Cracks, yellowed varnish and loss of paint
L.A. Ring’s painting Harvest has been exposed to quite a few things during its 120 years of history. There are several clear indications of that. The coat of paint had several big cracks, and the picture had started to lose paint. Therefore I had to secure the paint layer before putting the work on display.
Besides, the varnish was yellowed and covered by sooty dirt. The sky and the farmer’s shirt looked green rather than blue, and the yellow colour of the corn had become rather brownish.
It is one of Ring’s technical characteristics that he works up the colour with the brush and the brush handle, so that, for instance, the corn sticks out from the surface. But that effect had also been drowned, so to speak, in several layers of varnish. Thus the paint layer looked flat except where the many big cracks had appeared over the years.
Painting on top of a painting
Before I start restoring a painting, I always examine it carefully and document its condition.
I knew beforehand that there was another painting underneath Harvest, namely the first version of Drain Diggers, the final version of which is also shown in the Ring exhibition.
If you study Harvest closely, you can glimpse an outline on the surface of the paint layer, which does not seem to have anything to do with the motive. We have taken a photo of the work in raking light, and the photo shows a faint contour to the right corresponding to one of the drain diggers. It is also possible to get a vague glimpse of the red earth colours in the drainpipes through the golden brushstrokes which make out the corn to the bottom left of Harvest.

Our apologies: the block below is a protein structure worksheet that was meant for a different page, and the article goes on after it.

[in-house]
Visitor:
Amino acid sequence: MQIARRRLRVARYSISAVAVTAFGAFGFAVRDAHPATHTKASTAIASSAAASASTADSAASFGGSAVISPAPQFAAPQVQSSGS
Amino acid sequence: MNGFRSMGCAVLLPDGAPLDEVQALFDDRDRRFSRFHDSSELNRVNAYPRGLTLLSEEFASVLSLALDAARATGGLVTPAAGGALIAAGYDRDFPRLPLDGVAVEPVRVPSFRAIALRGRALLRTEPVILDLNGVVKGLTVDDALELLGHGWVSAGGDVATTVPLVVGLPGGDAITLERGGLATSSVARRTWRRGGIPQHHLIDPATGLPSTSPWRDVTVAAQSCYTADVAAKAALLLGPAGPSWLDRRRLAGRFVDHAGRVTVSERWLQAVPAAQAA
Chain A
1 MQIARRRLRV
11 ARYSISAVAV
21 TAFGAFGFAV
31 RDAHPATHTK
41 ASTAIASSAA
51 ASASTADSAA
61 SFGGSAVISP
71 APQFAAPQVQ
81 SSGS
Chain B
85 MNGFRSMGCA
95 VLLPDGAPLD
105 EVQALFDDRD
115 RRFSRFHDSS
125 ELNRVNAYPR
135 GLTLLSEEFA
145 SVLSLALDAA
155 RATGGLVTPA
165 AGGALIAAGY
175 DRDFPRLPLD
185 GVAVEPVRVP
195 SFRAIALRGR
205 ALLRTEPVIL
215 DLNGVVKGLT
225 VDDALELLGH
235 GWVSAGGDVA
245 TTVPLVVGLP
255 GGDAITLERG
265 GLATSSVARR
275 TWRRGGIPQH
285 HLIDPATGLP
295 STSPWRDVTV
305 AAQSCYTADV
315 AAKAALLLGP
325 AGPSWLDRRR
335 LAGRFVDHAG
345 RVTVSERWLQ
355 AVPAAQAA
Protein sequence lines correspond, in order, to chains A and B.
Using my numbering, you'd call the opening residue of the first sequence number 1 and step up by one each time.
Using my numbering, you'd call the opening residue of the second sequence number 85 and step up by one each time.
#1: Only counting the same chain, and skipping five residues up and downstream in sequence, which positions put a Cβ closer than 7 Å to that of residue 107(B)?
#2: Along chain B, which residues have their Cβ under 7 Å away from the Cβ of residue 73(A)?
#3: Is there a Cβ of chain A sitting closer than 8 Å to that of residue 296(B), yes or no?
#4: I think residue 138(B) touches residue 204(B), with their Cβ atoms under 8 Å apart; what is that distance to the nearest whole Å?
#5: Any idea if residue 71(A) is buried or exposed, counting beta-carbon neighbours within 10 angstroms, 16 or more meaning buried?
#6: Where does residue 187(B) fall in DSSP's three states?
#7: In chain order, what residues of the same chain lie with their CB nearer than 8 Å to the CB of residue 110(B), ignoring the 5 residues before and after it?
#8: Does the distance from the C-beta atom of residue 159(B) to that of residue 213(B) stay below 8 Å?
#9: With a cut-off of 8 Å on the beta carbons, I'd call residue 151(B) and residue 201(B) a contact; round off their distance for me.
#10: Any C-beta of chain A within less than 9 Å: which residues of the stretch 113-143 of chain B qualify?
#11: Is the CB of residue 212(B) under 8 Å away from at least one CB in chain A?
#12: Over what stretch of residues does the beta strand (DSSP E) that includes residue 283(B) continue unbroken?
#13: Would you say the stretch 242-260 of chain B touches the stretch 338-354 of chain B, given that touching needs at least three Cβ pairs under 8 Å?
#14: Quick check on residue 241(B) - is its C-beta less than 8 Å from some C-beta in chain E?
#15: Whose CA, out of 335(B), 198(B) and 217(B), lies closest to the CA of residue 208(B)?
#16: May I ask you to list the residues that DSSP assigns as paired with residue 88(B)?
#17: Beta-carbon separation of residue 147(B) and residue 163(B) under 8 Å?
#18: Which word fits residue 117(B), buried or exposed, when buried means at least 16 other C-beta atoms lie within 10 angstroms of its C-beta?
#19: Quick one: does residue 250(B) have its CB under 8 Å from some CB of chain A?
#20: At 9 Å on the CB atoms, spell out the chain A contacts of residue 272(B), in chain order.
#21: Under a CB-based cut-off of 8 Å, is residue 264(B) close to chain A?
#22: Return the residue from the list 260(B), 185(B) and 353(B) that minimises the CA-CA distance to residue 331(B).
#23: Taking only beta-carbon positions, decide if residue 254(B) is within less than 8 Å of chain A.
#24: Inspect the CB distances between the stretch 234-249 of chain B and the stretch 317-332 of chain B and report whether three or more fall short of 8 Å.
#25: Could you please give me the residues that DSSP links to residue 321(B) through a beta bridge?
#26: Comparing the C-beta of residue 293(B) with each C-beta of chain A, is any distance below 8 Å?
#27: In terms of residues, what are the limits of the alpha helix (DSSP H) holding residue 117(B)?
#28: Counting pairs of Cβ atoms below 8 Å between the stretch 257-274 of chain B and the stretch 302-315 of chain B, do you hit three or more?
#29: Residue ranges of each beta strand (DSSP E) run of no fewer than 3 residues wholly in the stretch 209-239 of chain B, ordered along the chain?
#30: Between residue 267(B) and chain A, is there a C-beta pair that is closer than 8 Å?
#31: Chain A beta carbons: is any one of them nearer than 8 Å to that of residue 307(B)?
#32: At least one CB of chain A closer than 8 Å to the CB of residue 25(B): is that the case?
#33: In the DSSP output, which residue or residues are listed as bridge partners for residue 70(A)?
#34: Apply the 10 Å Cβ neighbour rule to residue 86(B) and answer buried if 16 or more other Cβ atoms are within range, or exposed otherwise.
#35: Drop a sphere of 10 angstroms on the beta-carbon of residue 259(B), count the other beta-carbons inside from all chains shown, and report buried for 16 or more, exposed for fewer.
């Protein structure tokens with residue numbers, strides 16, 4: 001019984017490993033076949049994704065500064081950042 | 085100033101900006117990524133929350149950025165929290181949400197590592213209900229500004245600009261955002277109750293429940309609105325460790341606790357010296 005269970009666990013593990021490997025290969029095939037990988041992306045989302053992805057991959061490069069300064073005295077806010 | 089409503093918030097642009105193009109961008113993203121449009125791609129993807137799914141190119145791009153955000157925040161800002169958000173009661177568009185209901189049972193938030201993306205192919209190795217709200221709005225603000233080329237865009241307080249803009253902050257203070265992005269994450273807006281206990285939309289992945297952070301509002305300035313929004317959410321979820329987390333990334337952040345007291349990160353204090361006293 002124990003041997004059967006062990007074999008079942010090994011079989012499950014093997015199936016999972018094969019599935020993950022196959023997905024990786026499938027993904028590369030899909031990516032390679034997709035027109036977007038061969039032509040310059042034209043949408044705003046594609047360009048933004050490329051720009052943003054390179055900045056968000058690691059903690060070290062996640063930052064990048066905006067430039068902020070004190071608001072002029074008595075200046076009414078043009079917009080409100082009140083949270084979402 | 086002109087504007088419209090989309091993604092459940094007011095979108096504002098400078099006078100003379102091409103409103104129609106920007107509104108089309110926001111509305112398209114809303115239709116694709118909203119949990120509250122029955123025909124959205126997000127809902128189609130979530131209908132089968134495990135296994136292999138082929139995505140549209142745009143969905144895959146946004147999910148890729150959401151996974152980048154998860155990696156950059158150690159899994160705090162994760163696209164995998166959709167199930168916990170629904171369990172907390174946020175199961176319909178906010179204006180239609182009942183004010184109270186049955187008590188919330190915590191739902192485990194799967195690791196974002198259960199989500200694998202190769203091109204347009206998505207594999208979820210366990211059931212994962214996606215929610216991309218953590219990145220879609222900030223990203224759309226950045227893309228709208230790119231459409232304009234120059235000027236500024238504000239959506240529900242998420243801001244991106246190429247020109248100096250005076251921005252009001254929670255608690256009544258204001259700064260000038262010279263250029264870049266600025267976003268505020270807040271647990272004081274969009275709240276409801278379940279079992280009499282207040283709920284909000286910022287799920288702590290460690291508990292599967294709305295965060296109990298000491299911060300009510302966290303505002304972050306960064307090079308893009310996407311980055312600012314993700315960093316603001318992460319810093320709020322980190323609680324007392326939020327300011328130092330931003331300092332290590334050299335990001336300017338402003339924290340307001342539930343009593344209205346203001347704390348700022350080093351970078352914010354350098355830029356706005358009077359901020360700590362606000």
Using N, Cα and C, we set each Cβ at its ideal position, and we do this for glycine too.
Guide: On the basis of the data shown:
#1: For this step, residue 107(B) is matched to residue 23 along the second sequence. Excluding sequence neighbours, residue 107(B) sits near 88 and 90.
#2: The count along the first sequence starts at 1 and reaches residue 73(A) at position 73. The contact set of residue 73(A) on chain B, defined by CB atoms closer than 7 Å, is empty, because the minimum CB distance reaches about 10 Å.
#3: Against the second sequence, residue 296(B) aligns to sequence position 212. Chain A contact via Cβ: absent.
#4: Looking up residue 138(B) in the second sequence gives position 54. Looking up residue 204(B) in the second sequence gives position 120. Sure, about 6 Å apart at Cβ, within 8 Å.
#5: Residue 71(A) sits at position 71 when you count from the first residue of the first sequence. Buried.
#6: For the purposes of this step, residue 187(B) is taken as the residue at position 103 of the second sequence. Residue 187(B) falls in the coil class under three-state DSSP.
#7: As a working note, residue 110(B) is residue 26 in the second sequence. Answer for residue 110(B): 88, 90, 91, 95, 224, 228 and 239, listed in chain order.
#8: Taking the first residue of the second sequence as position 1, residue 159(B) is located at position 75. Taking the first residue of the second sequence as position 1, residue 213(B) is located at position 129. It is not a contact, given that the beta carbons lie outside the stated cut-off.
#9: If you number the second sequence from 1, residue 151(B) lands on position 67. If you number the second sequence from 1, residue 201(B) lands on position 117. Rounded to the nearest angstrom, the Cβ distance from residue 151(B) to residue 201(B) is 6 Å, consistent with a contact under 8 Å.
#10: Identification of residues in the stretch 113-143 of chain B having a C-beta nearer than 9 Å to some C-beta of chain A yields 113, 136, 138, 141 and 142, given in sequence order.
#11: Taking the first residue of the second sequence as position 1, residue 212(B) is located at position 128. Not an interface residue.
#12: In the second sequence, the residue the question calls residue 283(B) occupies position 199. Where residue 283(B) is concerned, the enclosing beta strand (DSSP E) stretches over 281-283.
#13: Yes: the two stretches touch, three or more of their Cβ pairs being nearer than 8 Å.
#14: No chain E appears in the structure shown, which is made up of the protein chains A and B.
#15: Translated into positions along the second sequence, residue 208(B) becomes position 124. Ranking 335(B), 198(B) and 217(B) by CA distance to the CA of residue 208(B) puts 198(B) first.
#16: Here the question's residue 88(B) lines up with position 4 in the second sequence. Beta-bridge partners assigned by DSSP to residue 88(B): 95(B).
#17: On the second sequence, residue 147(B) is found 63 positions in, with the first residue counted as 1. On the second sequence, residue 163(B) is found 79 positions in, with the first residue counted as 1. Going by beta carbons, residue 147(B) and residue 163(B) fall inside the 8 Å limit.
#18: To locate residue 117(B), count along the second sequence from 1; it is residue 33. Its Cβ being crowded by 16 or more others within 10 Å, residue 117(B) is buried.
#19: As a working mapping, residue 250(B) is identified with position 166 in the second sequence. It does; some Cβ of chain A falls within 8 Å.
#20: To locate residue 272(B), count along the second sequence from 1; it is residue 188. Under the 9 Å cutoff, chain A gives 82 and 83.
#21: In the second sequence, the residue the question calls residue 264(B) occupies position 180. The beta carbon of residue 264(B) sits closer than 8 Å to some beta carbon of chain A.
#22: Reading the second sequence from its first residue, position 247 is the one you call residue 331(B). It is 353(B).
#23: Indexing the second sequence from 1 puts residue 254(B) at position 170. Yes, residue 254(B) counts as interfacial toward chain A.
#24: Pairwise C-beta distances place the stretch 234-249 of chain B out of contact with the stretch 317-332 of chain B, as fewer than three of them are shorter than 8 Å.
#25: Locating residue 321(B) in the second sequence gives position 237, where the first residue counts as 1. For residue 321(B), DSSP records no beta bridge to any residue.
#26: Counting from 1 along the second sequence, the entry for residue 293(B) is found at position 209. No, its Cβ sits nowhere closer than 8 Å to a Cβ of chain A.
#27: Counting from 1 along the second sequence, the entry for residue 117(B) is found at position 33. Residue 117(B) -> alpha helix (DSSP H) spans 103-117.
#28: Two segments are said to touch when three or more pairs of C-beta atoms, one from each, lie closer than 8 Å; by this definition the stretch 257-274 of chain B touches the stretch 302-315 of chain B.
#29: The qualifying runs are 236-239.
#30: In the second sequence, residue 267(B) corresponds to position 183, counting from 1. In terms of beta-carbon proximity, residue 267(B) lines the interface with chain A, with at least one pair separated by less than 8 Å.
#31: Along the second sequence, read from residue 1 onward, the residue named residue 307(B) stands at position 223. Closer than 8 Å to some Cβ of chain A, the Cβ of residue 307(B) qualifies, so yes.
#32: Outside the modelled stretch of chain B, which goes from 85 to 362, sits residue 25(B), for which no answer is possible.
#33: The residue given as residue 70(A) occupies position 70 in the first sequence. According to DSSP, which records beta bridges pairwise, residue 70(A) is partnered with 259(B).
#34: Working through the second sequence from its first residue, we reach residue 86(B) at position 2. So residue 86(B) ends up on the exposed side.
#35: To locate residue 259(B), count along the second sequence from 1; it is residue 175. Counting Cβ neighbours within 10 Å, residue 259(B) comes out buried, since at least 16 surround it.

To examine the paint layers I have taken out tiny colour samples for examination in a microscope. They clearly demonstrate the organisation of the paint layers in the underlying version of Drain Diggers and the layers of Harvest on top of it.
At the bottom of the paint cross section you see a little of the white ground. Above that we have a light greyish brown layer corresponding to the background colour of the Drain Diggers, followed by several layers of earth red colours worked up from a coarser and then a finer red colour. On top we have the ochre yellow of Harvest.
An x-ray photograph of the painting shows that Ring got rather far with his first version of Drain Diggers. On the x-ray picture you can clearly see the two drain diggers at their work. Contrary to the finished version, where the drain digger to the right is standing in the ditch, he is standing in the foreground wearing large wooden clogs.
A vulnerable artwork
The damage to the painting is to a large extent due to the almost finished painting under Harvest and caused by the many thick layers of paint. The painting structure is vulnerable to shocks, vibrations and climatic changes. This leads to fissures, flaking and damaging paint losses.
Ready for the exhibition
Before the painting could be exhibited, I had to clean it for dirt and then for two layers of darkened, yellow varnish. I also removed some miscoloured overpaint from earlier conservation. Then the big cracks in the colour layer have been secured with glue and planed. The colour losses have been filled out and touched up.
Finally I gave the painting a very thin layer of synthetic varnish, which will last longer than the original one and become less yellow.
You will now be able to enjoy the colours in the painting as Ring chose them from his palette and experience the textural effect of his colour layers.
Pauline Lehmann Banke